Gars Abbey was founded in 768 by the cleric Boso from Salzburg for Tassilo III, Duke of Bavaria. For centuries it belonged to the archbishopric of Salzburg. The Augustinian Canons erected the present monastery building after 1122. In 1128 Bishop Conrad I of Salzburg transferred the monastery to the Augustinian Canons.
In 1648 the Swedes pillaged and devastated the town and the monastery. Under Provost Athanasius Peitlhauser the monastery was rebuilt between 1657 and 1659. The monastery wings and the Church of the Assumption were renovated by Italian artists to their present form. The pilaster church was rebuilt after 1661, one of the first Baroque churches in the region. The painted cast stone Pieta on a side altar dates from 1430, and was formerly the main altar of the church. The monastery is interesting for the relics of the martyr Felix. Ceiling paintings and an altar show the importance of this saint to the monastery.
In 1803 the Augustinian Canons were expelled as part of the Bavarian secularization program. The buildings and inventory were sold to private individuals. In 1855 the Redemptorists showed an interest in Gars Monastery, and in 1858 they formally re-opened the monastery. Between 1873 and 1894 under the Kulturkampf only three fathers and brothers were allowed to remain. After the monastery was restored in 1894 the first missionaries were sent to Brazil.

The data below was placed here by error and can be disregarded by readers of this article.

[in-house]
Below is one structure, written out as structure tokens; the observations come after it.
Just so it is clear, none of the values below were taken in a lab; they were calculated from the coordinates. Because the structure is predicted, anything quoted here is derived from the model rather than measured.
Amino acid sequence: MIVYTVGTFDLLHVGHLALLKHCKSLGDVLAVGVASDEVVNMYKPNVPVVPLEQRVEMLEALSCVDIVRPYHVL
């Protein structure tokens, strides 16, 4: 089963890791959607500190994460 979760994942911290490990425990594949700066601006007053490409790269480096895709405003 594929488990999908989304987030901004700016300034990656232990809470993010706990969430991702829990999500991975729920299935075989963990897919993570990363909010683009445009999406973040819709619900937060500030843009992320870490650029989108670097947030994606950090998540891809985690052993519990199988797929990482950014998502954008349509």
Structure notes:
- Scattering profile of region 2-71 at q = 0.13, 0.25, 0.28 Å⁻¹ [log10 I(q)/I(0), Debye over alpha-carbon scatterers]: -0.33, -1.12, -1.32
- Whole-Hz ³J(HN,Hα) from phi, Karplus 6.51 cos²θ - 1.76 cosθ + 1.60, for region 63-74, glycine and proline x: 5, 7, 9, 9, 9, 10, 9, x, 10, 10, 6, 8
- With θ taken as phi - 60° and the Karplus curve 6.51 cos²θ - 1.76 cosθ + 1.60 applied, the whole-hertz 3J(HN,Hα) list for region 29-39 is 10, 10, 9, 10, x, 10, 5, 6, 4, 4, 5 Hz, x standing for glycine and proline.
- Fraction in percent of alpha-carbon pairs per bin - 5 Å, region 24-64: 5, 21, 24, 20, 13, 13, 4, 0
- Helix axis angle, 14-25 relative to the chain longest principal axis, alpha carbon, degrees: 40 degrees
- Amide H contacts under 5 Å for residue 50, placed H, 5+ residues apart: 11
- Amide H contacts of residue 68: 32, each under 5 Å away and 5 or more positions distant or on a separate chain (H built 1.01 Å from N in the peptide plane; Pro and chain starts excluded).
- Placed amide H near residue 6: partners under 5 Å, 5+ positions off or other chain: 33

As of 2013 the monastery housed about 16 brothers and 13 priests. The brothers follow various professions including work as bakers, butchers, gardeners, carpenters and tailors. The Fathers work as ward missionaries, helping in the surrounding communities and in education. The monastery has a plant nursery that is well known in the region.References:
The Externsteine (Extern stones) is a distinctive sandstone rock formation located in the Teutoburg Forest, near the town of Horn-Bad Meinberg. The formation is a tor consisting of several tall, narrow columns of rock which rise abruptly from the surrounding wooded hills. Archaeological excavations have yielded some Upper Paleolithic stone tools dating to about 10,700 BC from 9,600 BC.
In a popular tradition going back to an idea proposed to Hermann Hamelmann in 1564, the Externsteine are identified as a sacred site of the pagan Saxons, and the location of the Irminsul (sacral pillar-like object in German paganism) idol reportedly destroyed by Charlemagne; there is however no archaeological evidence that would confirm the site's use during the relevant period.
The stones were used as the site of a hermitage in the Middle Ages, and by at least the high medieval period were the site of a Christian chapel. The Externsteine relief is a medieval depiction of the Descent from the Cross. It remains controversial whether the site was already used for Christian worship in the 8th to early 10th centuries.
The Externsteine gained prominence when Völkisch and nationalistic scholars took an interest in the late 19th and early 20th centuries. This interest peaked under the Nazi regime, when the Externsteine became a focus of nazi propaganda. Today, they remain a popular tourist destination and also continue to attract Neo-Pagans and Neo-Nazis.